Re: Does China pose a special challenge to the human rights campaign?

I mean it’s interesting you mention China because with the hub that we’re planning to launch . . . and we do plan to do something surrounding China and the Olympics. And of course, you know, it’s been interesting to see the ways in which Mia Farrow has managed to really challenge China over its . . . over its, well, engagement in Sudan, vis-a-vie the, you know, the oil and access to those natural resources; and at the same time to block, you know, really serious activity at the UN level, vis-a-vie what’s happening in Darfur. And of course again, you know, to think about China and the very real human rights those people are facing there, and the discrimination they’re facing; and then to look at a situation in which the United States continues to offer China most favored nation status at an economic level; to look at China and think about the climate issue and how China, and India, and the United States really are three of the most important countries at a global level who need to . . . who need to step up and set the standard and set the pace for addressing these issues. I think there is no question that it is incredibly important that we continue to put pressure on China to live up to its obligations with respect to human rights. And then at the same time I think the United States has declining credibility to talk about human rights in the context of the ongoing war on terror, where it is demonstrably abrogating its obligations under various human rights treaties. And even here at home where it needs to do a much better job. So while I think China and the human rights abuses in China are very serious and absolutely require focus and attention, I think also as a citizen of the United States and as a human rights advocate, it’s my obligation and our obligation to convince our government to do better. Recorded on: 8/13/07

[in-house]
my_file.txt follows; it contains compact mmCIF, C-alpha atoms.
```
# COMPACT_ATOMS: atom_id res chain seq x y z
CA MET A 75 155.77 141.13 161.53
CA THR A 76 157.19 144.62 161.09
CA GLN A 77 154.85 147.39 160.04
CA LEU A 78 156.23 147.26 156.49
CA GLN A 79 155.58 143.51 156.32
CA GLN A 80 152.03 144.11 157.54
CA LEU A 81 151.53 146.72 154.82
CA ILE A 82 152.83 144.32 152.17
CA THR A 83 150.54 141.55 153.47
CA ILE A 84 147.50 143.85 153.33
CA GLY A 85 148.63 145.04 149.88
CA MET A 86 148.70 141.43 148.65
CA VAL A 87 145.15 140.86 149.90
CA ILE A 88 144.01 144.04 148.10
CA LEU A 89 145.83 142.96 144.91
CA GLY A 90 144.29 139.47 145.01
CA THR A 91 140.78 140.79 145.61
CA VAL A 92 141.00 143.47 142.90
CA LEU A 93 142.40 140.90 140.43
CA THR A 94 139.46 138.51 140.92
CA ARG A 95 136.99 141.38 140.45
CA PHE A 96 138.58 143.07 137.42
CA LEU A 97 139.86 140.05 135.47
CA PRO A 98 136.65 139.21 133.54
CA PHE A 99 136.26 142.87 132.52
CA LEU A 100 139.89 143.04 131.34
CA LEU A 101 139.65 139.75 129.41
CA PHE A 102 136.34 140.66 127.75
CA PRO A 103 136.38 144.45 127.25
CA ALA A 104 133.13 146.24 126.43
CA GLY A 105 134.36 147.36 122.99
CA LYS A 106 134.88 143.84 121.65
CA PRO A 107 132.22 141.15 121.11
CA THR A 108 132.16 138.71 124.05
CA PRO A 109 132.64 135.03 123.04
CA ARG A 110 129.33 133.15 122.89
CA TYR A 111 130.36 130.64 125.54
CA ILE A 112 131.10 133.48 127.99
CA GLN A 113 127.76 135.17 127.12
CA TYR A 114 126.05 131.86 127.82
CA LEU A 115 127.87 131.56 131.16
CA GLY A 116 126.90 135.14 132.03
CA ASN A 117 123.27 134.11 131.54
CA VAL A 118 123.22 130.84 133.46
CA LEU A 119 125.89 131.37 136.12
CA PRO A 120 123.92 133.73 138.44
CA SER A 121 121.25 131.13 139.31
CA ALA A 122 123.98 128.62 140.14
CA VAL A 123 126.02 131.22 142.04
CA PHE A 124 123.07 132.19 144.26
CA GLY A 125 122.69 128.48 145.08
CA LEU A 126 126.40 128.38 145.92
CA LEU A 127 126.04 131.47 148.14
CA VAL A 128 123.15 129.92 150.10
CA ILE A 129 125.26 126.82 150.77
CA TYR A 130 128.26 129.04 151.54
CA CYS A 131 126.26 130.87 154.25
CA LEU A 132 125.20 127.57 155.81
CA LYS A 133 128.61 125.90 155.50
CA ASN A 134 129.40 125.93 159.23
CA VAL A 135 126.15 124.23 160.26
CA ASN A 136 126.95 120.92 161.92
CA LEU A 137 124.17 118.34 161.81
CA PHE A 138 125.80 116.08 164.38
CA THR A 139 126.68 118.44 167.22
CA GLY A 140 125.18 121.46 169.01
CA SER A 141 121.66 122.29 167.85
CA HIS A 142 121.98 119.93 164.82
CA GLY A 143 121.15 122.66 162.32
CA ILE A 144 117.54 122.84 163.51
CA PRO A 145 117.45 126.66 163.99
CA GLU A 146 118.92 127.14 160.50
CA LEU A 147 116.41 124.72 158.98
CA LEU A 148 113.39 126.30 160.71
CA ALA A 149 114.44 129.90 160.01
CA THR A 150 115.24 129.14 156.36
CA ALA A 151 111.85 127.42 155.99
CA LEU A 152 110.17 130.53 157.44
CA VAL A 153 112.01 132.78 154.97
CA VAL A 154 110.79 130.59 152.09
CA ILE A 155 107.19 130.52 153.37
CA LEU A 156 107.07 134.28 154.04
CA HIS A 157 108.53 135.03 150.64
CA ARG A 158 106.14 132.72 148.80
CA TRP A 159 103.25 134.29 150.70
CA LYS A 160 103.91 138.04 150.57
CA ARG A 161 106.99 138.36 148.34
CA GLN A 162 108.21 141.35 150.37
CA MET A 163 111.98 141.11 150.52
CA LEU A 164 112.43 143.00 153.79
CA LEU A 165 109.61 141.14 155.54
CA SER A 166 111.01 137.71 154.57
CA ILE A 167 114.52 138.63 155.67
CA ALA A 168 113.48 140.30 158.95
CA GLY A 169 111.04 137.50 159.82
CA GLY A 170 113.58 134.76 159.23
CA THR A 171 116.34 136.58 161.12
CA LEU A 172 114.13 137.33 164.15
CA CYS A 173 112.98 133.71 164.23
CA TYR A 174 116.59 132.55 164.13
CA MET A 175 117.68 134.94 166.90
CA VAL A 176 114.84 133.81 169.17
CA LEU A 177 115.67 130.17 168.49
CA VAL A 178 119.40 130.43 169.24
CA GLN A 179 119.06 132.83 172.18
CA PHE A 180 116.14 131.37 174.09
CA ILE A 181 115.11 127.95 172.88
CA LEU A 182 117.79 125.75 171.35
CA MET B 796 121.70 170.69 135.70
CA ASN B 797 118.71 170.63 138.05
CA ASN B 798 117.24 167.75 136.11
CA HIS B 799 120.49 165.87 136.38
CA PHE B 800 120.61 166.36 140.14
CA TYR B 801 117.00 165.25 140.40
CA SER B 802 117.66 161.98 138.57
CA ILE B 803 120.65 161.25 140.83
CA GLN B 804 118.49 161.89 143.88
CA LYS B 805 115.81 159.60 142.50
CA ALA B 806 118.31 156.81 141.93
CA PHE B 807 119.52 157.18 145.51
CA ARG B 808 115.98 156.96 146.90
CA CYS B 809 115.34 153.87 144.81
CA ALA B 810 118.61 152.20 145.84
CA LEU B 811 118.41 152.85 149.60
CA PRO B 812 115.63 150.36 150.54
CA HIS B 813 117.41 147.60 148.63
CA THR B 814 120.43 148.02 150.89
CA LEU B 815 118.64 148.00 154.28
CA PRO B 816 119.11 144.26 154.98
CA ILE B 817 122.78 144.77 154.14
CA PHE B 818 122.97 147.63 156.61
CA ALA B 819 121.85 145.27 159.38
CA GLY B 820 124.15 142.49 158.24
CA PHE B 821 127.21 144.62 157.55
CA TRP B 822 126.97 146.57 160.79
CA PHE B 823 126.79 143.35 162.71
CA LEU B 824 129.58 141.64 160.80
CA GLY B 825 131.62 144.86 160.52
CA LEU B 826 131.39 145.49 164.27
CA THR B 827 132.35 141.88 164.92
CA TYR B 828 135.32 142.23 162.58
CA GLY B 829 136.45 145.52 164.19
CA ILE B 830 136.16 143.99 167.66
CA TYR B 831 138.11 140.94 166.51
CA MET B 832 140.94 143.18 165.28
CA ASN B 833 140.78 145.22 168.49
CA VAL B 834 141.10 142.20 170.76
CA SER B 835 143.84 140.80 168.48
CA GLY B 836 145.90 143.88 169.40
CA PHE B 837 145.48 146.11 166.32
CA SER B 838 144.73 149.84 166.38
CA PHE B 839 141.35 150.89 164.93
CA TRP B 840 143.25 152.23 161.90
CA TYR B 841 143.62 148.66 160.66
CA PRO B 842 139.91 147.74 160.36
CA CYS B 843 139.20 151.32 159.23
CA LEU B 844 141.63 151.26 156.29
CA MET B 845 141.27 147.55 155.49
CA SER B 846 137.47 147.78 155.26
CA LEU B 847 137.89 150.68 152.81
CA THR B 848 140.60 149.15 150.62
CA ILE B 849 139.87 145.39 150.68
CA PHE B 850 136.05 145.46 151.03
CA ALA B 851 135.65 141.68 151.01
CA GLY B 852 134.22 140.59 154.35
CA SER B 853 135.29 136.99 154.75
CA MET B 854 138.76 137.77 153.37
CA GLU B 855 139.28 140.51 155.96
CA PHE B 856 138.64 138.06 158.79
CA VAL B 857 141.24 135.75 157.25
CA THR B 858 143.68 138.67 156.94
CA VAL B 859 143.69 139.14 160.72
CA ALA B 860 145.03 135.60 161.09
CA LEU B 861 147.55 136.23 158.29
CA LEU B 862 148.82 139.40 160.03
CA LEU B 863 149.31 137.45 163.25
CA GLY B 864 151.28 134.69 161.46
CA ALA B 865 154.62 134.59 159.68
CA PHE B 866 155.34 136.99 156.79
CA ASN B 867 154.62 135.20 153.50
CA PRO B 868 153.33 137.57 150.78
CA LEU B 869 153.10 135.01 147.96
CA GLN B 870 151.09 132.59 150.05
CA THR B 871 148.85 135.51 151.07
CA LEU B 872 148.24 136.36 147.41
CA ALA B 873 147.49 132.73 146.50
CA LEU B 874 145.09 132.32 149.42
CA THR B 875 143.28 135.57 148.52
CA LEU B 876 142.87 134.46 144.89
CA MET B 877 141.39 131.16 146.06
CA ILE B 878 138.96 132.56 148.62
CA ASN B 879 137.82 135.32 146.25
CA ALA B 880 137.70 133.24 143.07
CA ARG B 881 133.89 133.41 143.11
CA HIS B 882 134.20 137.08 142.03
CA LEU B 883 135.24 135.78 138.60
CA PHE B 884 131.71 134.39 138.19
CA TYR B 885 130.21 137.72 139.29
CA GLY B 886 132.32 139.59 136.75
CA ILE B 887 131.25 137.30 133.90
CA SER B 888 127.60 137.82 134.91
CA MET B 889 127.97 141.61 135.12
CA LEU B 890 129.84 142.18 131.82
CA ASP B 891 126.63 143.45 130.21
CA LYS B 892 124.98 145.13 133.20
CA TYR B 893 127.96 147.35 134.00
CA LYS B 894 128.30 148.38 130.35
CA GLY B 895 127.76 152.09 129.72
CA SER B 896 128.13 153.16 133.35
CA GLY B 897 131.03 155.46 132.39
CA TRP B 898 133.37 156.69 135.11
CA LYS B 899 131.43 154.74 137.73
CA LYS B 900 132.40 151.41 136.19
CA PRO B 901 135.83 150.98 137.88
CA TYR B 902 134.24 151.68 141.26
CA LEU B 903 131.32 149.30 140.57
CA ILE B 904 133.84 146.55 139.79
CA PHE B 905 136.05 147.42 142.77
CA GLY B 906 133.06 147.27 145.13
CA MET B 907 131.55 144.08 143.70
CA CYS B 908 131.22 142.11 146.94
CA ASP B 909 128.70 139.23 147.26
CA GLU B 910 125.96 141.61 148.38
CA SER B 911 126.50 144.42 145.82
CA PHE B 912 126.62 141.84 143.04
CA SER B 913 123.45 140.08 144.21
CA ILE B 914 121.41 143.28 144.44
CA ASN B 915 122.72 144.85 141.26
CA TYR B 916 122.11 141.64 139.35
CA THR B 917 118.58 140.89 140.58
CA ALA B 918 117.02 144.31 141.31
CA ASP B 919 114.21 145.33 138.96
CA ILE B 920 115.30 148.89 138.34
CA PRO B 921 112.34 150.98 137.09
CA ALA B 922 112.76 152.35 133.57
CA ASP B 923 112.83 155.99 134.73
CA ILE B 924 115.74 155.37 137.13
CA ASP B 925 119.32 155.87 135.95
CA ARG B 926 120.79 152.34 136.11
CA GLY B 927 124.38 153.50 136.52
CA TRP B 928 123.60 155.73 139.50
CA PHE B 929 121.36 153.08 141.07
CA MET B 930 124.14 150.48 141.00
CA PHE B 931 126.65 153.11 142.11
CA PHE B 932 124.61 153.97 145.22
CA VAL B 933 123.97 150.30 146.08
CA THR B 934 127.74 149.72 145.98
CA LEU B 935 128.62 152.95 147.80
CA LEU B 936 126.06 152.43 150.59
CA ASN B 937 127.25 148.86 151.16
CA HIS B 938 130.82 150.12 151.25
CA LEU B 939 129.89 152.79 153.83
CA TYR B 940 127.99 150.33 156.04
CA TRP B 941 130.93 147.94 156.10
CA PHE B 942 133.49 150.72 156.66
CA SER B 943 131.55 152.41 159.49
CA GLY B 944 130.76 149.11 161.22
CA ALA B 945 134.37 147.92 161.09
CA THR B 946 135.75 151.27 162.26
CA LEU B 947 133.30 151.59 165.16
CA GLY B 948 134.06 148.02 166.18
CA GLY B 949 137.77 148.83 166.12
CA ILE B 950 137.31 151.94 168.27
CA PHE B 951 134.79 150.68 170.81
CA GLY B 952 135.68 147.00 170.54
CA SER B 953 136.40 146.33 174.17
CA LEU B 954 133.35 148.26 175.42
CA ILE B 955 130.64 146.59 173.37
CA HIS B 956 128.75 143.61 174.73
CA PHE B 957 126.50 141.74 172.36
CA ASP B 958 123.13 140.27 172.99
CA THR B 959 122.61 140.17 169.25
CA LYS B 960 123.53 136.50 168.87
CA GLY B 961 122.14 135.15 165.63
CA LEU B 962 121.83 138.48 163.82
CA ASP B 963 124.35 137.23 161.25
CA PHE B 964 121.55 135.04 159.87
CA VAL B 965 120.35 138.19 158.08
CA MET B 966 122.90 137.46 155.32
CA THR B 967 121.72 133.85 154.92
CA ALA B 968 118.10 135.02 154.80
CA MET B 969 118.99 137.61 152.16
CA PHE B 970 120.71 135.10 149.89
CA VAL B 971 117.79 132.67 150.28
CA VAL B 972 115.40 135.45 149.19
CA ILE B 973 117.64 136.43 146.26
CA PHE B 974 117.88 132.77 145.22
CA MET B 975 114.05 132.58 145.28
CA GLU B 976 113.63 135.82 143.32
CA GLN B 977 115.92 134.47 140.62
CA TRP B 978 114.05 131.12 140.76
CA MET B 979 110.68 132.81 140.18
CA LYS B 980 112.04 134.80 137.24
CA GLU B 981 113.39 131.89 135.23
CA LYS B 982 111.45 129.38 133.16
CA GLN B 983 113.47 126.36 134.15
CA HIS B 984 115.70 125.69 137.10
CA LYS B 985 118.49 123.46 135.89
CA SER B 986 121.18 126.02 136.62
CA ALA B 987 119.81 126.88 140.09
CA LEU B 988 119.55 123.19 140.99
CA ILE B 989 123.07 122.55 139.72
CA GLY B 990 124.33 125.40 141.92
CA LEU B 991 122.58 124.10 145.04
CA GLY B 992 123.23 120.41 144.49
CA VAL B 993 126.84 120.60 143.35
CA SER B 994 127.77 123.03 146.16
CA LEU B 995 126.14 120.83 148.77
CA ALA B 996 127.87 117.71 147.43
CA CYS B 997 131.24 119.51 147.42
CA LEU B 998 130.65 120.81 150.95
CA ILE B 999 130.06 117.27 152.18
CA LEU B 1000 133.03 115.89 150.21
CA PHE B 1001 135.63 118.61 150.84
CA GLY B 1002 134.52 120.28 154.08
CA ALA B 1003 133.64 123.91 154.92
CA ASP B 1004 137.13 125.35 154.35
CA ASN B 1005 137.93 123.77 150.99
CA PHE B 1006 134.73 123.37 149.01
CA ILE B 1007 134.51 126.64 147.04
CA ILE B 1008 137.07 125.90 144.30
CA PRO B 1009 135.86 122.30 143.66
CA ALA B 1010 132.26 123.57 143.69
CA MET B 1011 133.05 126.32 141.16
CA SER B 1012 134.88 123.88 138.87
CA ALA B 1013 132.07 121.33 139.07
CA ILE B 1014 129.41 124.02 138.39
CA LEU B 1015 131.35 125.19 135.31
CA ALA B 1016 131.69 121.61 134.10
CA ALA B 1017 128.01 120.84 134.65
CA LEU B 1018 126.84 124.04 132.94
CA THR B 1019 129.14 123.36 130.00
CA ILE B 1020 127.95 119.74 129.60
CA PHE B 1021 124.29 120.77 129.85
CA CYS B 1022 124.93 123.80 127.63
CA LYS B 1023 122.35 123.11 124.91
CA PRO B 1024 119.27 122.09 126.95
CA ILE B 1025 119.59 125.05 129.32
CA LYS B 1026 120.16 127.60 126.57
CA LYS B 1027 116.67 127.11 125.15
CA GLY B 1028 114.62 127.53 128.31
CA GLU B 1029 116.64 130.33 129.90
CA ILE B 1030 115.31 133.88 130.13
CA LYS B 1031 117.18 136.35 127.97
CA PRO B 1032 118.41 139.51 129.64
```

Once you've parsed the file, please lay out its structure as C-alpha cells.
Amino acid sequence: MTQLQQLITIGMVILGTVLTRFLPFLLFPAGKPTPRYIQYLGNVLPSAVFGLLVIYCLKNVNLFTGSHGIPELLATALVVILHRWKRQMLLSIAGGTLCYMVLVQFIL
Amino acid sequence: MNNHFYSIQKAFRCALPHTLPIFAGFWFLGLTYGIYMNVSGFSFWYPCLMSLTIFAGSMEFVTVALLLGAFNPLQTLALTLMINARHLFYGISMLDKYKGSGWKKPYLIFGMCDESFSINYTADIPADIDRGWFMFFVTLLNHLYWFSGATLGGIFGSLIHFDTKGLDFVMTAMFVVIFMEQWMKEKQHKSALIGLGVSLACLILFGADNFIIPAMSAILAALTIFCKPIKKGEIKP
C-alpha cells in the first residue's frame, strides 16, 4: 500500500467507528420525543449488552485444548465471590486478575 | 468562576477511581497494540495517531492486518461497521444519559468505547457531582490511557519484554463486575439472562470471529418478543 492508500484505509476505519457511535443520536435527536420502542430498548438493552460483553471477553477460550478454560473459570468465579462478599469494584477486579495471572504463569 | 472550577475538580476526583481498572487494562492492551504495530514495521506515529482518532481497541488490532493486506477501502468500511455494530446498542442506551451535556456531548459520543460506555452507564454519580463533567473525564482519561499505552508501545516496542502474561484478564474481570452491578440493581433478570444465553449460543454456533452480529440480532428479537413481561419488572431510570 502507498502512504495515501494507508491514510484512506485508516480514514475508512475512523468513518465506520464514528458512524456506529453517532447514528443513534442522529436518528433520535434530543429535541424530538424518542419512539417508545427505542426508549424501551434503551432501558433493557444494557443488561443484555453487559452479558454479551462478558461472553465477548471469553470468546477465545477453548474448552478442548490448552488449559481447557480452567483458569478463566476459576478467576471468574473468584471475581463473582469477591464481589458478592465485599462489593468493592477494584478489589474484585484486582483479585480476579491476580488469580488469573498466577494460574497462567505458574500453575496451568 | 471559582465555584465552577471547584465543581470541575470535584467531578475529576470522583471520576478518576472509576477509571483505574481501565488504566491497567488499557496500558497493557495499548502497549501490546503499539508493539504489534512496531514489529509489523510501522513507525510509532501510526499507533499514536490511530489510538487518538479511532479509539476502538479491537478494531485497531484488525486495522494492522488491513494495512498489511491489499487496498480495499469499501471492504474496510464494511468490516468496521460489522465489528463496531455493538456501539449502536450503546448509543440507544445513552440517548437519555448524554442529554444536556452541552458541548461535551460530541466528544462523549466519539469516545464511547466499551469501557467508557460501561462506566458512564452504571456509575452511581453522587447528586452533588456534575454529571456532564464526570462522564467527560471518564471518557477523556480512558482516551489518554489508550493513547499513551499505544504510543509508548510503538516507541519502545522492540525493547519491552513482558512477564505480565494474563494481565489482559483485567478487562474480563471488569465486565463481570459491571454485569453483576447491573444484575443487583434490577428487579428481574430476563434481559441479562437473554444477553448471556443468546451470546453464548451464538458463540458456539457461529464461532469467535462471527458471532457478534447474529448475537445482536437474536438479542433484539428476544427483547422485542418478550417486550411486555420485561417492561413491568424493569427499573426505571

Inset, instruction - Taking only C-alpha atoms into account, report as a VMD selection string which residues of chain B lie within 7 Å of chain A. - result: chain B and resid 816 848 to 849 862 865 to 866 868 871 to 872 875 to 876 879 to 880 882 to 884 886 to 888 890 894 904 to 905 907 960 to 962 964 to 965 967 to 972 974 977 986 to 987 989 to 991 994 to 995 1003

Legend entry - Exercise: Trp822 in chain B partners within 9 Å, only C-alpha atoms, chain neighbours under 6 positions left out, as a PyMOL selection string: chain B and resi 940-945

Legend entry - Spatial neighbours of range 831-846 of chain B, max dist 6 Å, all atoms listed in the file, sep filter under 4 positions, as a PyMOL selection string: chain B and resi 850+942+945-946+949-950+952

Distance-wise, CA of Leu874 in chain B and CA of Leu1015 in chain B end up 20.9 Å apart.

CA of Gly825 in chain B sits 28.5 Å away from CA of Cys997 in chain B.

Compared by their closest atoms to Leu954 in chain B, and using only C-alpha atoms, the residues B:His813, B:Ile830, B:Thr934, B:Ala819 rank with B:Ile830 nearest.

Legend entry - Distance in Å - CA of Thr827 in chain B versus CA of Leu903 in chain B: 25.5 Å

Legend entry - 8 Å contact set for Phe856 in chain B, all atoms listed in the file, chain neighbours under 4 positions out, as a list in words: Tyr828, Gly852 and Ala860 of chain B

We must continue putting pressure on China, says Caldwell.

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